Bridging Worlds: Integrating Indigenous Wisdom into Environmental Action

In recent years, there has been a growing recognition of the importance of integrating indigenous wisdom into the environmental movement. This recognition is grounded in compelling reasons: despite representing less than 5% of the global population, indigenous communities protect 80% of the Earth’s biodiversity in the forests, deserts, grasslands, and marine environments in which they have lived for centuries.

What distinguishes these communities is not just their ability to survive but also their capacity to thrive within functional societies marked by strong social bonds. They also seem to live in profound harmony with the natural world, unburdened by the pressures of modern life.

An idealized representation of this harmonious existence can be found in the movie “Avatar.” The Na’vi are deeply embedded in their environment, their minds actually seem to extend towards and into the environment. They are so tuned in to life, that they are able to do what seems usually impossible: jumping in great heights from one tree to another, knowing that they will be held, that they can trust in the world.

Interestingly, there is a phenomenon of post-Avatar depression. “Post-Avatar depression” is not a medically recognized condition but rather a term coined informally to describe a phenomenon where some individuals experience feelings of sadness, longing, or a sense of loss after watching the movie “Avatar.” The term suggests that the movie’s portrayal of an idealized, harmonious, and ecologically connected world resonates so strongly with certain viewers that they feel a sense of discontent or even depression when returning to their everyday lives, which may be perceived as less fulfilling or disconnected from nature.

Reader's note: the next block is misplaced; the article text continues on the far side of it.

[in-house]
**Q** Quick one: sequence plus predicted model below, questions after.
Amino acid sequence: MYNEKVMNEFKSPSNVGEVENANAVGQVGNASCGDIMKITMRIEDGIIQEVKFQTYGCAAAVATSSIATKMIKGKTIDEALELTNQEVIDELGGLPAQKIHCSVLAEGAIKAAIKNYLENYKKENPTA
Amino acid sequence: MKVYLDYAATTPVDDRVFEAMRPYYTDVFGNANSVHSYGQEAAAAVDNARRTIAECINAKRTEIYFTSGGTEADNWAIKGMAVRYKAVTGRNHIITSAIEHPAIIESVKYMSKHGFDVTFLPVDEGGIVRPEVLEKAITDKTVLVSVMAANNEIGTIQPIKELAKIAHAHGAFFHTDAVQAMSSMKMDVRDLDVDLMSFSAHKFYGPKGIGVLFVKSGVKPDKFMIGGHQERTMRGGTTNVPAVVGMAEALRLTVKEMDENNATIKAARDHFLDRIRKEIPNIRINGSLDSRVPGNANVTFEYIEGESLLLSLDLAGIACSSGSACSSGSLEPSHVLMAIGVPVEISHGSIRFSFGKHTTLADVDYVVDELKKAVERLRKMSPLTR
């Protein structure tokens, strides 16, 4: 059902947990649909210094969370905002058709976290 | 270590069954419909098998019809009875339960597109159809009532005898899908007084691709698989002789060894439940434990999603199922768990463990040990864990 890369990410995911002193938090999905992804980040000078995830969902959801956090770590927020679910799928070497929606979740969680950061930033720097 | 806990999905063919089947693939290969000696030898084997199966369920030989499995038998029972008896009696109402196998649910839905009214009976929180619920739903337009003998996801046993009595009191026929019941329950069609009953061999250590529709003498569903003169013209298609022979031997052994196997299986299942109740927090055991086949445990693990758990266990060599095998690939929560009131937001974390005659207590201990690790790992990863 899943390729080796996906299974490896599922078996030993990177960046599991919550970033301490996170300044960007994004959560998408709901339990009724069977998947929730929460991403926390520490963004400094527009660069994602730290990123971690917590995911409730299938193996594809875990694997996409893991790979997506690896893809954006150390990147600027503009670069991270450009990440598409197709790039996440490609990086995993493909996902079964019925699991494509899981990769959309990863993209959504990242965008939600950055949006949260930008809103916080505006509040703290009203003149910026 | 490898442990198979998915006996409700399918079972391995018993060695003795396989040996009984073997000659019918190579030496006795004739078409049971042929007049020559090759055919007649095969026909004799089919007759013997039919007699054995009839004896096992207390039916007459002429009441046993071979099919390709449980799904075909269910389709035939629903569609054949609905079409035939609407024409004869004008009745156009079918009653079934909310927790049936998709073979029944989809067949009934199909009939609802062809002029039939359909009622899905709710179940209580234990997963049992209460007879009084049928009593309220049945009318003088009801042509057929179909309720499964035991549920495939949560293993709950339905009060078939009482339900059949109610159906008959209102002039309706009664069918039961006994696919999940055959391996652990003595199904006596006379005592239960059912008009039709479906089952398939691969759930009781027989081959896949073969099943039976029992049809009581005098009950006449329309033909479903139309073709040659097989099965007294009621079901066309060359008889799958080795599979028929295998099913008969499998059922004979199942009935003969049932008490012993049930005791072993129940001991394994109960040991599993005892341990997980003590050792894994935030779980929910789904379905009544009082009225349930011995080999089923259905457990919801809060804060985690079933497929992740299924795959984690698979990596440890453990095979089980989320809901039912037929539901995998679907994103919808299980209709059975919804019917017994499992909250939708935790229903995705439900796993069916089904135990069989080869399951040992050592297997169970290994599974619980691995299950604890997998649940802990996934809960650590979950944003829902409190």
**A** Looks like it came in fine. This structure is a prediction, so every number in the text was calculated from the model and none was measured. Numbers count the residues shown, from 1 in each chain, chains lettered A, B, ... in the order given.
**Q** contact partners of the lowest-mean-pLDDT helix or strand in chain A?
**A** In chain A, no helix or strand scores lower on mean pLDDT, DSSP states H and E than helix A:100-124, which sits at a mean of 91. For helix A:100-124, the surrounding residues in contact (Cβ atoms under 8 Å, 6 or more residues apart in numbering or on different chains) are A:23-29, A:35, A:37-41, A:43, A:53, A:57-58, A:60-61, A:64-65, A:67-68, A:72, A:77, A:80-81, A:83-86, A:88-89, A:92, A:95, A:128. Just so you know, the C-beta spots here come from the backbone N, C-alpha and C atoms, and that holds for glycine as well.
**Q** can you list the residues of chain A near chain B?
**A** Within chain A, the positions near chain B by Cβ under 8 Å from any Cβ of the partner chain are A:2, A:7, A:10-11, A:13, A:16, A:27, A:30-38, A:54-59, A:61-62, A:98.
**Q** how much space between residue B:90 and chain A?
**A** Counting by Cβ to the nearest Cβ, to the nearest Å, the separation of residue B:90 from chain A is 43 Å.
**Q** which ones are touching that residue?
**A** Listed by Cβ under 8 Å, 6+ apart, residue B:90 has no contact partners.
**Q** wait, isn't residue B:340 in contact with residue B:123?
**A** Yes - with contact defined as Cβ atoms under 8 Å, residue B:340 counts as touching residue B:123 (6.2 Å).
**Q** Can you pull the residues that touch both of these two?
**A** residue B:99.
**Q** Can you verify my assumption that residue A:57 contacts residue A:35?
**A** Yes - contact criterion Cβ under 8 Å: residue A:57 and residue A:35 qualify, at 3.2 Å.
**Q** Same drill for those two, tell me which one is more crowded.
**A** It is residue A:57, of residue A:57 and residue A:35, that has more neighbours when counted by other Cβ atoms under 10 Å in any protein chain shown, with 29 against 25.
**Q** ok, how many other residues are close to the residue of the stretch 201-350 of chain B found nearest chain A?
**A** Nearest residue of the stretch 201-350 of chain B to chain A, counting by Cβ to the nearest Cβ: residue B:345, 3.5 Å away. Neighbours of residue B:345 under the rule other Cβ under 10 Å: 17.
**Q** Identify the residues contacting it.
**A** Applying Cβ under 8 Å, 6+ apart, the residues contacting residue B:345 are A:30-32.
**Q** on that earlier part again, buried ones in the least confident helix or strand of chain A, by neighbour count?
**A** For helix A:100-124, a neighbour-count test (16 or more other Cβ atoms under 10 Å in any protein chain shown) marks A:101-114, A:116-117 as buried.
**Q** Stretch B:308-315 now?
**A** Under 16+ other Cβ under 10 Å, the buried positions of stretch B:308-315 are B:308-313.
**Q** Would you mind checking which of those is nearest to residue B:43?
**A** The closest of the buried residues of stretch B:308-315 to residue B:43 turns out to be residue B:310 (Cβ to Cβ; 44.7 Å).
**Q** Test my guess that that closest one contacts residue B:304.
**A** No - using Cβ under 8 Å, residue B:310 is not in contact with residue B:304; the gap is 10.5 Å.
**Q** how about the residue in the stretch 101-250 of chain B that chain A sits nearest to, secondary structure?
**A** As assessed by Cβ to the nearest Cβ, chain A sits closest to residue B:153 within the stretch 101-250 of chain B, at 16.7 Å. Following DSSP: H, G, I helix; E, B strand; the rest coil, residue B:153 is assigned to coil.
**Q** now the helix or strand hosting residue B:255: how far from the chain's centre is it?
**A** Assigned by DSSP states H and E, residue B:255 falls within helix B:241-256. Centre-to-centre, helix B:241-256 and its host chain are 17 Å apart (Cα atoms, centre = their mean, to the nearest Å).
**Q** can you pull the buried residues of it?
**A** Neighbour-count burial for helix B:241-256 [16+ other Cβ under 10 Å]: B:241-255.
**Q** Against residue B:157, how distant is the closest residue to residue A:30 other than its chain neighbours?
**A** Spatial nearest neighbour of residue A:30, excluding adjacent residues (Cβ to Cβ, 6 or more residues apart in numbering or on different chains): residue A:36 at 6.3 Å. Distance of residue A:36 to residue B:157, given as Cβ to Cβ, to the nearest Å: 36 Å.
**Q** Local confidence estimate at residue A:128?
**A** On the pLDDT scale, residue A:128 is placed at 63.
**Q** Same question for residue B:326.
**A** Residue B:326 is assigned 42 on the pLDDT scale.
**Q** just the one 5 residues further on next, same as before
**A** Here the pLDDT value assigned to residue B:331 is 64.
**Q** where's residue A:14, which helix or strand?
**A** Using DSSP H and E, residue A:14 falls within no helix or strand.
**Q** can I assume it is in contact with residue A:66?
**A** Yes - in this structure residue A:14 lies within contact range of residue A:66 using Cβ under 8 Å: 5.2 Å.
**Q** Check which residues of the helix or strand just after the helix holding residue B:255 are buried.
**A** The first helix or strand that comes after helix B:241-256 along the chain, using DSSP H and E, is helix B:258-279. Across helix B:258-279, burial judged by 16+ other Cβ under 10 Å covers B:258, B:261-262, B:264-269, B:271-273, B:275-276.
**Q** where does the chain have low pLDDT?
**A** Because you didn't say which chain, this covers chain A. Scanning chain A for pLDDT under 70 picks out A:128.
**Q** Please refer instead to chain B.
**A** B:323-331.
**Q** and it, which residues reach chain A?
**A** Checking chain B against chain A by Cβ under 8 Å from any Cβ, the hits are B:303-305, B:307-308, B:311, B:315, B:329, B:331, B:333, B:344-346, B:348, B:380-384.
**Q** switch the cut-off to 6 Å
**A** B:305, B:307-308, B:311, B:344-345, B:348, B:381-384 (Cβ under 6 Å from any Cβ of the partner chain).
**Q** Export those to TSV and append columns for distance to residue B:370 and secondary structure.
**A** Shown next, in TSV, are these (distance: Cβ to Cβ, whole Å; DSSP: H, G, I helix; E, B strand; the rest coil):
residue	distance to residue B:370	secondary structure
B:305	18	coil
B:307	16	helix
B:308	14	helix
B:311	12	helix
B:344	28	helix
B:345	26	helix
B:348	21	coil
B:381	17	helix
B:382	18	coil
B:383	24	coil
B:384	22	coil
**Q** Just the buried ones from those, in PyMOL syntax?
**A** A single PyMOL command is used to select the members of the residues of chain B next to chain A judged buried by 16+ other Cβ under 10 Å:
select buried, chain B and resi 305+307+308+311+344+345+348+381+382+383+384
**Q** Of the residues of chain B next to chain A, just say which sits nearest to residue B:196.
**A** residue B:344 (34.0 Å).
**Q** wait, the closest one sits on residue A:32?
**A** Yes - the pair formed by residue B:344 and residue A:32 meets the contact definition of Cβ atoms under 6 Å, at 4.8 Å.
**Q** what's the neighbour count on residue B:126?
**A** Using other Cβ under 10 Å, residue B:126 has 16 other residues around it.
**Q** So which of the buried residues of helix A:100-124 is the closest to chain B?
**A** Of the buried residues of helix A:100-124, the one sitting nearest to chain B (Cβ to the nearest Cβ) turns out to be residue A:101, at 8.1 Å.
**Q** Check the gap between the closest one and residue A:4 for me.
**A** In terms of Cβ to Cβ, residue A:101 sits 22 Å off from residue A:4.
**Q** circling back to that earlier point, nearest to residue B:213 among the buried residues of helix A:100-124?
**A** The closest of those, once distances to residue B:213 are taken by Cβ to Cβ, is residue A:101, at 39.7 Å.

To some extent, I can relate to this feeling. It underscores the cultural longing for a way of life that seems deeply appealing, and for good reasons. Our world is in need of alternative ways of knowing, being, and acting in the world. Many Indigenous cultures embrace an animist worldview that imbues the entire universe with vitality, deriving meaning and wisdom from the natural world — plants, animals, and landscapes. This perspective sees the world not as a collection of lifeless atoms but as a vibrant tapestry teeming with life and meaning.

Indigenous knowledge also offers a holistic perspective on environmental issues. It recognizes the interconnectedness of ecosystems, understanding that the health of the land, water, plants, animals, and people are all interdependent. Many also have a deep respect for biodiversity and have developed conservation practices that protect and promote diverse species of plants and animals. This comprehensive view can provide valuable insights into sustainable land and resource management as well as invaluable for biodiversity conservation efforts.